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Fathomfolk

Fathomfolk by Eliza Chan

Orbit, £18.99, Hardback

Reviewed by Melody Bowles

Fathomfolk is an epic fantasy set in the partially underwater city of Tiankawi. A note at the front of the book says the makeup of the city is inspired by sprawling East Asian metropolises like Hong Kong and Ho Chi Minh City. The city is my favourite part of the book – the contrast between the upper and lower-class areas and descriptions of the waterways, the markets, and the tramways breathe life and colour into the setting.

The core conflict of the book is between the humans and Fathomfolk of the book’s title. The Fathomfolk can shift between human form and the forms of mythical water creatures. I really love the cross-cultural origins of the chosen creatures. Parts of the plot reference The Little Mermaid, and other parts reference myths surrounding Chinese dragons. It’s also nice to see lesser-known creatures like the kelpies (water horses who drown people) and kappa (turtle-like creatures said to adore cucumbers) included. It encompasses a major theme of the book – people of different cultures living together.

The book centres on the immigrant experience – what it’s like to move to a city that’s not your own, how multicultural cities absorb people and how cultures become intertwined. It’s thoughtful and examines the issue from multiple angles. The central characters – all Fathomfolk – take different approaches to life in the city. Dragon Nami joins the extremist group The Drawbacks, who incite violence in the city. Siren Mira works her way up in the military until she is awarded the title of captain, in charge of protecting the city. Sea witch Cordelia pretends to be human – not even her own children know who she really is.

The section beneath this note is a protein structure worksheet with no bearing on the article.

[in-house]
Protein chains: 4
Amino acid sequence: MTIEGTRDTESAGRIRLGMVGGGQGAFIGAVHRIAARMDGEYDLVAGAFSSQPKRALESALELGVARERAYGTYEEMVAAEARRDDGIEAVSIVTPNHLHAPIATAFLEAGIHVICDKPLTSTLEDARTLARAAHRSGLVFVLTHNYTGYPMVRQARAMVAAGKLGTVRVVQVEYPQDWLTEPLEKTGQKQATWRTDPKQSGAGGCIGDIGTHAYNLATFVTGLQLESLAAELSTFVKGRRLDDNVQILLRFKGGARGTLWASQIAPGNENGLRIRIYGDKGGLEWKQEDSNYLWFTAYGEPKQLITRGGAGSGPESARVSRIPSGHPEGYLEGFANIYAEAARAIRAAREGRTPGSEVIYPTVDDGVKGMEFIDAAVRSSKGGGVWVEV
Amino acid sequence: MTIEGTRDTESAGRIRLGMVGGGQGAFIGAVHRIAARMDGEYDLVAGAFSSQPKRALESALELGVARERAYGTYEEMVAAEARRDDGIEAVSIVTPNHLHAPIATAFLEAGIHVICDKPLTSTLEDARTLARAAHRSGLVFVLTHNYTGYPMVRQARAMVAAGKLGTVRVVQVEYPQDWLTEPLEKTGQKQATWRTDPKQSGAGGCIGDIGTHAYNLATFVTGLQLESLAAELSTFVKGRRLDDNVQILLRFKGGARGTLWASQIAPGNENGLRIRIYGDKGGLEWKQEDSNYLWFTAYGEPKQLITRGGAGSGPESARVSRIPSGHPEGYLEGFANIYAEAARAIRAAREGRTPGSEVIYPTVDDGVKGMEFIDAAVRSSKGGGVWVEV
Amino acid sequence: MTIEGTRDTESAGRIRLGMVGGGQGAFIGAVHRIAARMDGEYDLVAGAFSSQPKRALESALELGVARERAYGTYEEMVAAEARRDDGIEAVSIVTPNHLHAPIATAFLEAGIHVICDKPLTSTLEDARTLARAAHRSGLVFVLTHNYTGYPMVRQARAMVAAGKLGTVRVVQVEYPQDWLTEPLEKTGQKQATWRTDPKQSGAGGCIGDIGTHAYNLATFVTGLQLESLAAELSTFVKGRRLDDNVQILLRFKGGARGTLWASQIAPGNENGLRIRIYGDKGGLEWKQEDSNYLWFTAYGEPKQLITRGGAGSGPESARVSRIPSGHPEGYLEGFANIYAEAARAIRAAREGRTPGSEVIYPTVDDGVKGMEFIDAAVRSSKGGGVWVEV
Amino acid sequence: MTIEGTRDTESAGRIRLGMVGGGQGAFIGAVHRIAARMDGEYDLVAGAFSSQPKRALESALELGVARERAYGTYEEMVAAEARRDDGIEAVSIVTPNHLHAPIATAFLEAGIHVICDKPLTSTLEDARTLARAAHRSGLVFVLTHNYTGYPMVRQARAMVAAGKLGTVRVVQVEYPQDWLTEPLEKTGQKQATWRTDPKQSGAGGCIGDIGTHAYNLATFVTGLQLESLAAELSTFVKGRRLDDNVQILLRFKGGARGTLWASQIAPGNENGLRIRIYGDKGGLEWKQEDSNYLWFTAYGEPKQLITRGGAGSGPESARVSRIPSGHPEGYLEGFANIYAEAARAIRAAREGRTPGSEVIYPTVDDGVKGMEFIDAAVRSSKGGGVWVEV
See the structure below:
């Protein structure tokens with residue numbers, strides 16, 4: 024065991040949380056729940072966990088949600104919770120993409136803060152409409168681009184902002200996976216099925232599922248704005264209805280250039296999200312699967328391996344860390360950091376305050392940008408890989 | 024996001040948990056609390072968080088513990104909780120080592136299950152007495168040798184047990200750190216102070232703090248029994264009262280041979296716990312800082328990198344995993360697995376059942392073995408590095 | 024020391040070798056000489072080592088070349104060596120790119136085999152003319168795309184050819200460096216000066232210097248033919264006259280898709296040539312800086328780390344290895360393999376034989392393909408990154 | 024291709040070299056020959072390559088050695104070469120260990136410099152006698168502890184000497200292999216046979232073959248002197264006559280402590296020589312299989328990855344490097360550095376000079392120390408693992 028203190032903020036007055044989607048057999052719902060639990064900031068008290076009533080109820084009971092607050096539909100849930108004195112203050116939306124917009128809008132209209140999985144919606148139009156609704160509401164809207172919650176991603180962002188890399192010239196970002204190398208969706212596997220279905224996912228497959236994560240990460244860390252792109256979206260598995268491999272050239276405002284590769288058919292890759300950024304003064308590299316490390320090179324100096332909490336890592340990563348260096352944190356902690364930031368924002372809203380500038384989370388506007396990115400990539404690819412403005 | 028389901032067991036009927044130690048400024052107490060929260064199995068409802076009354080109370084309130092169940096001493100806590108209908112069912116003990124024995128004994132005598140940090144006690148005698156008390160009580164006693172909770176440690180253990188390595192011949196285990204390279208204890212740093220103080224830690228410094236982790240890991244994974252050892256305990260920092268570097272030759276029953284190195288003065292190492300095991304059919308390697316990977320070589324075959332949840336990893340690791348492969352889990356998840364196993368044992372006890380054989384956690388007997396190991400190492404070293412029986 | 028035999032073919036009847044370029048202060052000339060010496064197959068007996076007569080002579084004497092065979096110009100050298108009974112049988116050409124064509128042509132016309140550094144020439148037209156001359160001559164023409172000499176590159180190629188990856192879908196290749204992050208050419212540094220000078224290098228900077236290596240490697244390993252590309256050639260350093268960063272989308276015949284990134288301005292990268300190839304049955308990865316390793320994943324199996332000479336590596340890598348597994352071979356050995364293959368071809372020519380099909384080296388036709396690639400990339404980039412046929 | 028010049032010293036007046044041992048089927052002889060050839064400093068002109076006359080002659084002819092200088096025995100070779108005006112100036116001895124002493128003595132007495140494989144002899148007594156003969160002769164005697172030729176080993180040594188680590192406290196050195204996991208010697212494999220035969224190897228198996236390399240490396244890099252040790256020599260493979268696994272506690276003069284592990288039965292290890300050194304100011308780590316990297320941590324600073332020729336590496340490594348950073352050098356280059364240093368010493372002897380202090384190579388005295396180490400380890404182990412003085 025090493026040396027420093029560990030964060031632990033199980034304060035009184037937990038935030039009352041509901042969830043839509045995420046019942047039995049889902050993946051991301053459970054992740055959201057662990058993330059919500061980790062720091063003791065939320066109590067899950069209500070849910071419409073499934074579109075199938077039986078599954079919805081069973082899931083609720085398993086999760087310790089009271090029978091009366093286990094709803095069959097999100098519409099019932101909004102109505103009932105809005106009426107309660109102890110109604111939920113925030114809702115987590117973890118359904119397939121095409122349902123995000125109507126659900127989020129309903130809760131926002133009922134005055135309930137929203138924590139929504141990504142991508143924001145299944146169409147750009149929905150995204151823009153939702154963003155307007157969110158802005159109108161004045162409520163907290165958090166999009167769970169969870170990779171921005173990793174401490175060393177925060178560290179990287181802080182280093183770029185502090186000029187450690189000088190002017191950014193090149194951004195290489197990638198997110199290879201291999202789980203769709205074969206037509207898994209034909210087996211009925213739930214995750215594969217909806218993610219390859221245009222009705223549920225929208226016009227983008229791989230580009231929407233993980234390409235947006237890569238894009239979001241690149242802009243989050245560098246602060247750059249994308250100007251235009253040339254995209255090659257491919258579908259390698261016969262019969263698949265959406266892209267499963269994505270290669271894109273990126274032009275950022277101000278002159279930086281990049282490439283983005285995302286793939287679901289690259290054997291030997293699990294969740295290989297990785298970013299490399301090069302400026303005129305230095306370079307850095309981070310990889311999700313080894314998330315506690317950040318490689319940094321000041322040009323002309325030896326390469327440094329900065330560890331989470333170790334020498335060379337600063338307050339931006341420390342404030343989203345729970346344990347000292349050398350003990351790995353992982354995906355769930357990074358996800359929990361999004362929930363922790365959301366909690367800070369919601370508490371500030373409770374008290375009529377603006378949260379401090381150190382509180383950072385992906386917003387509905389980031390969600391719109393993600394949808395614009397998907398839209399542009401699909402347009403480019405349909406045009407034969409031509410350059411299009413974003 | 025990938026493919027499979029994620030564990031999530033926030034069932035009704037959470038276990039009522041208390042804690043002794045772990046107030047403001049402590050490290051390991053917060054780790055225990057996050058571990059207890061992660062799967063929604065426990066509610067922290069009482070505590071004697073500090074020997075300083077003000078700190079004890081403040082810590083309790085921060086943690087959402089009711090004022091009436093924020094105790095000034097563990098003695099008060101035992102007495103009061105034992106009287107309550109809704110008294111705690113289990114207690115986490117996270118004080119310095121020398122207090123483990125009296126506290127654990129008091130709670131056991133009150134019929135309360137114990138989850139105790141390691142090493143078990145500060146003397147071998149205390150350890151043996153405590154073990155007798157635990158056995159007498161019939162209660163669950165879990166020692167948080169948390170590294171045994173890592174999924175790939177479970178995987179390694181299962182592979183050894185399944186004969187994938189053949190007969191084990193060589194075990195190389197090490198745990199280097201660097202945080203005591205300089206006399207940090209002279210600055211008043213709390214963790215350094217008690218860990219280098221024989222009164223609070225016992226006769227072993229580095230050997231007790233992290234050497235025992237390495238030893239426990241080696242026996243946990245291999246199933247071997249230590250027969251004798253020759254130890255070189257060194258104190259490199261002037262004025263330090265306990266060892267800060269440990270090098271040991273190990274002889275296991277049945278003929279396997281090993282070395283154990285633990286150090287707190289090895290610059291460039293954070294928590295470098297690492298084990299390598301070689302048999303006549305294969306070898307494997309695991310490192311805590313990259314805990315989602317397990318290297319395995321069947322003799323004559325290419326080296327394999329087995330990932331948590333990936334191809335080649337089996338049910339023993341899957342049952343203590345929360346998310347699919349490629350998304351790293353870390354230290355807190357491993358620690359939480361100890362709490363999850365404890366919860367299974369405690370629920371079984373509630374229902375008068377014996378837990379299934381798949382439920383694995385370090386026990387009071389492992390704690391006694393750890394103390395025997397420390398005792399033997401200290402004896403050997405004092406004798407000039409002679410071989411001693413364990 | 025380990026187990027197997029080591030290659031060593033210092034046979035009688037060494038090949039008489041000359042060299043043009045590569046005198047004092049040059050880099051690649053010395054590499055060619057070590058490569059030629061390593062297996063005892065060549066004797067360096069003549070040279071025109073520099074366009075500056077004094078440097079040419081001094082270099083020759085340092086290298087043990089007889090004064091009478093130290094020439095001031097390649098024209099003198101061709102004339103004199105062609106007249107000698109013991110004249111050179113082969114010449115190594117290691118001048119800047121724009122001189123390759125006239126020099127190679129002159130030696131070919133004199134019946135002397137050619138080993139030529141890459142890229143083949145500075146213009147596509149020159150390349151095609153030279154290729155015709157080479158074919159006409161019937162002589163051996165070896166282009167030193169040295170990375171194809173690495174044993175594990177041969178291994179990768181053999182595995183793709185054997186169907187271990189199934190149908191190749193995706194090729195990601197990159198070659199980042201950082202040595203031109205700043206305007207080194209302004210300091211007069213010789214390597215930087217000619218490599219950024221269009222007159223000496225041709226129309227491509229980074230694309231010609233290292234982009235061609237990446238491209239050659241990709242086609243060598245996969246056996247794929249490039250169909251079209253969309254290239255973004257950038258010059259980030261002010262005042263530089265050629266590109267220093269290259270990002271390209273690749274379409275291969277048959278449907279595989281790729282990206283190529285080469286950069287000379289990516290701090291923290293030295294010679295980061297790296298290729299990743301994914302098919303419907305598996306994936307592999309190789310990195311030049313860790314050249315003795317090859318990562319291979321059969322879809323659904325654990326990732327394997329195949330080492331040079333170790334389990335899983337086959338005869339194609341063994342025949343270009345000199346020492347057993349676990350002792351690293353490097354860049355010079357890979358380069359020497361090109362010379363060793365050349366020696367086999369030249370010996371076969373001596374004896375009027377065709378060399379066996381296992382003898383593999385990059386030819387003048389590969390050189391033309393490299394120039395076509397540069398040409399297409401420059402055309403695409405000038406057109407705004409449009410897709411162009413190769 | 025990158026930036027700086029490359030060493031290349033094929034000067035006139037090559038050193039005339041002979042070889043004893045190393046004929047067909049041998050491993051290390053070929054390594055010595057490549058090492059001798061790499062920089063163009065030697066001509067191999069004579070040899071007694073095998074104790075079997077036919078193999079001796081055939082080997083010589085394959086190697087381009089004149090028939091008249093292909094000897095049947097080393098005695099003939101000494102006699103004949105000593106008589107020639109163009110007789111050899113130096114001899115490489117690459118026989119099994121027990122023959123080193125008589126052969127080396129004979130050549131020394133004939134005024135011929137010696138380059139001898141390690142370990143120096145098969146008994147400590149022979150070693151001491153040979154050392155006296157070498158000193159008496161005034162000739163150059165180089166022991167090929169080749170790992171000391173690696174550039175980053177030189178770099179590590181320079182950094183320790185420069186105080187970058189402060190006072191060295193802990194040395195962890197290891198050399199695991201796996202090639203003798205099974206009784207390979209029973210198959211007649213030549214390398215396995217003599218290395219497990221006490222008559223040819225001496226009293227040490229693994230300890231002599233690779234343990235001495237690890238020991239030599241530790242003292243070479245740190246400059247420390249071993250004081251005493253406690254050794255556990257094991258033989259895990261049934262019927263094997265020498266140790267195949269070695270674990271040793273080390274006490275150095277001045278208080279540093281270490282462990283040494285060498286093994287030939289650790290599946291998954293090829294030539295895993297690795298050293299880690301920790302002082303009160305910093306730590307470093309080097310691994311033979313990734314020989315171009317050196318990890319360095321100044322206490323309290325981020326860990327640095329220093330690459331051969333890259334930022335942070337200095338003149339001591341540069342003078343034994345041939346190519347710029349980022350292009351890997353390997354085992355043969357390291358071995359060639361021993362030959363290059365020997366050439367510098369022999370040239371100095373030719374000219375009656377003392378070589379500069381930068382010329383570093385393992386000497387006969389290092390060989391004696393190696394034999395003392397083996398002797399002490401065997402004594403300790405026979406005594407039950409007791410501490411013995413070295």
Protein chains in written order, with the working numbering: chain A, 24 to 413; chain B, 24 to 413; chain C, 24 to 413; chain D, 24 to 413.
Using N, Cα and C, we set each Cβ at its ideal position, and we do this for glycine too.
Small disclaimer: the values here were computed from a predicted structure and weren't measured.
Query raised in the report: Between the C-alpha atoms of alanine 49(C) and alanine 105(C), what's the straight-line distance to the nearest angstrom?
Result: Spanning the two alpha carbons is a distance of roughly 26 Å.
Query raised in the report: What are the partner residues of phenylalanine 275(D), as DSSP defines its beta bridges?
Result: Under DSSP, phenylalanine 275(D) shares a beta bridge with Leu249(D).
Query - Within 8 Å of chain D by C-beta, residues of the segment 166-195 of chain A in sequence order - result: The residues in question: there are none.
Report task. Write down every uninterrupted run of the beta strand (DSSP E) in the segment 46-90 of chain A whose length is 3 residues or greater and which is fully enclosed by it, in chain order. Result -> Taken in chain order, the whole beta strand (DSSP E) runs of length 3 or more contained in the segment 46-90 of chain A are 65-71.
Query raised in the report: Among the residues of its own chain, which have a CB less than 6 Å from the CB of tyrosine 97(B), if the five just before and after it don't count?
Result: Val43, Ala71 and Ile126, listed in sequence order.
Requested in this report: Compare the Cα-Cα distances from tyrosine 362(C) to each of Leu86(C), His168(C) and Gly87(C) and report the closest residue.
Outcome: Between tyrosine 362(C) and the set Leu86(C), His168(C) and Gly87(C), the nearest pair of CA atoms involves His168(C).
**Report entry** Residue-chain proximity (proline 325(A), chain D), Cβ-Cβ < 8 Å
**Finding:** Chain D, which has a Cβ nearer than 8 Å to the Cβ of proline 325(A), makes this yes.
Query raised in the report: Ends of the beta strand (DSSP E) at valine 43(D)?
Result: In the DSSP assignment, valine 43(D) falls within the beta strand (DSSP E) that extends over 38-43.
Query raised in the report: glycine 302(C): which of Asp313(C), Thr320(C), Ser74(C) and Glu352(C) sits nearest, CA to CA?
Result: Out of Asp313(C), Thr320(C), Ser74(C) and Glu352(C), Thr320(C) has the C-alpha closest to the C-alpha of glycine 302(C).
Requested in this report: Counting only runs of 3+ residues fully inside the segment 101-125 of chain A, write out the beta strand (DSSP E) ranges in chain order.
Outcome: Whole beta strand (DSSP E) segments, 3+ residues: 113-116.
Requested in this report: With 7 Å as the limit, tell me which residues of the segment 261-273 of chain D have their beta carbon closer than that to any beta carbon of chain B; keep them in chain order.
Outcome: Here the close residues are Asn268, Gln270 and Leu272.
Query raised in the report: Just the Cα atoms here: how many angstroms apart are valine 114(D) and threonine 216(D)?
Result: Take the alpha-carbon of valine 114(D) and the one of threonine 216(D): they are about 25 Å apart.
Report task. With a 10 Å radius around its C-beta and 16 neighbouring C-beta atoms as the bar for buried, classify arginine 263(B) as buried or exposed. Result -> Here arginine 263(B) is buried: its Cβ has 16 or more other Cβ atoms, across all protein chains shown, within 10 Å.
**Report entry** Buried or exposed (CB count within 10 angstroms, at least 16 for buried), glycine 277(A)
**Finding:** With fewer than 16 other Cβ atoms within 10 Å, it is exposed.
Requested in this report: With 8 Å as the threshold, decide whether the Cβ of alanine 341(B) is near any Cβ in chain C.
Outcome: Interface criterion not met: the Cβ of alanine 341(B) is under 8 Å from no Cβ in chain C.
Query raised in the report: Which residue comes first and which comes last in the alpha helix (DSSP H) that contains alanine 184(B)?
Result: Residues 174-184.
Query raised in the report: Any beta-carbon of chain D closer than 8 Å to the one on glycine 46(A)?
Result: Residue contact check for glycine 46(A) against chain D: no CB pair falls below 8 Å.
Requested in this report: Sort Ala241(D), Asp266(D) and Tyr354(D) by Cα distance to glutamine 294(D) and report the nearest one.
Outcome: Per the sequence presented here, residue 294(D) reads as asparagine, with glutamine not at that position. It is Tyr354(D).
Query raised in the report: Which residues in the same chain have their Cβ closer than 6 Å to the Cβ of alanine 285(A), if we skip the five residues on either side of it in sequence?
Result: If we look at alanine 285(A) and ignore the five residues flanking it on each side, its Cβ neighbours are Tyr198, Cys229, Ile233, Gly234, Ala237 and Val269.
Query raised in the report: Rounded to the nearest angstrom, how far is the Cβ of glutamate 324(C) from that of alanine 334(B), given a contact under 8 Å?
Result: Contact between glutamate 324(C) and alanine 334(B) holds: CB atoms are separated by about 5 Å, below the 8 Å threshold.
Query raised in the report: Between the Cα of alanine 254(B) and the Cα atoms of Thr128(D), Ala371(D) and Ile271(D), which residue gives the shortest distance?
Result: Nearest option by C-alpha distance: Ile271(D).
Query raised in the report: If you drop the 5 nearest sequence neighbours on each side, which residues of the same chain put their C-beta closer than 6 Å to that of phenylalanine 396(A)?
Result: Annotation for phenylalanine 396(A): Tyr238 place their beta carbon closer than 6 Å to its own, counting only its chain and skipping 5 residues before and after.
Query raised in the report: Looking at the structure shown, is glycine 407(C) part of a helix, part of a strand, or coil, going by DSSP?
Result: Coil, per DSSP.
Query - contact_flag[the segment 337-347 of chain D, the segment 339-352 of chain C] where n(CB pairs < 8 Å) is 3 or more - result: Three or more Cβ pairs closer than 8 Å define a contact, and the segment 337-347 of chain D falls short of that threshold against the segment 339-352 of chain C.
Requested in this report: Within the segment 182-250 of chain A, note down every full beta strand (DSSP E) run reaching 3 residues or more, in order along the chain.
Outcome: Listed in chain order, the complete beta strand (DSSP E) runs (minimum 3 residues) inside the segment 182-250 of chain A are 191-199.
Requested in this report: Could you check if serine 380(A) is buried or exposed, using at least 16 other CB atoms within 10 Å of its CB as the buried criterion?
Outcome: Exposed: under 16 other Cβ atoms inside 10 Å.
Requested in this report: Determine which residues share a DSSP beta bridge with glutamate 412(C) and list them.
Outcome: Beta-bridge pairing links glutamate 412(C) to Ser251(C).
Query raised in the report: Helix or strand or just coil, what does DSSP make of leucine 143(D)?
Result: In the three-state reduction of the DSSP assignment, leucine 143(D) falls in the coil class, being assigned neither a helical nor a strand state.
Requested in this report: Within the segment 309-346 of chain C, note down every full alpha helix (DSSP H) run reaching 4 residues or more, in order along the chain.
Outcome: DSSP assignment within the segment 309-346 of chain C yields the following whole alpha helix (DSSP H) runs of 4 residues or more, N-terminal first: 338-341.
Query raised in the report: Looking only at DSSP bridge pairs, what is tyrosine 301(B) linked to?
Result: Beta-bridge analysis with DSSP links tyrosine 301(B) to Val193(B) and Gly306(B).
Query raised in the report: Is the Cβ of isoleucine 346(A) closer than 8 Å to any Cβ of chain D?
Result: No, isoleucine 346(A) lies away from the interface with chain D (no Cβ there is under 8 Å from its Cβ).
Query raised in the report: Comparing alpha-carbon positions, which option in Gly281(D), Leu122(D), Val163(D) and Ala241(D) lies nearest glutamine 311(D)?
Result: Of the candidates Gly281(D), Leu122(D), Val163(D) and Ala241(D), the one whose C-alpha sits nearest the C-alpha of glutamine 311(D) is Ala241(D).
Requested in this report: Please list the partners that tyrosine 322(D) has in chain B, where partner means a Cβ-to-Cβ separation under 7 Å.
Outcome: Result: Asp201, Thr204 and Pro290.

Out of the three narrators, Cordelia is the stand out for me. She’s a sea witch who makes bargains with other people, clearly inspired by the character in The Little Mermaid. She uses her wily plans and shapeshifting abilities to help her family rise to the top of city society – but none of them really know who she is. Although she’s absolutely a villain, her story is so deliciously tragic I couldn’t help but empathise with her. This is part one of a duology, and I am excited to see how her story plays out in part two.

The real-world allegories in Fathomfolk are not subtle, but they’re what makes the book stand out. Read Fathomfolk if you’d like truly excellent world-building with thoughtful commentary on immigration and the immigrant experience.

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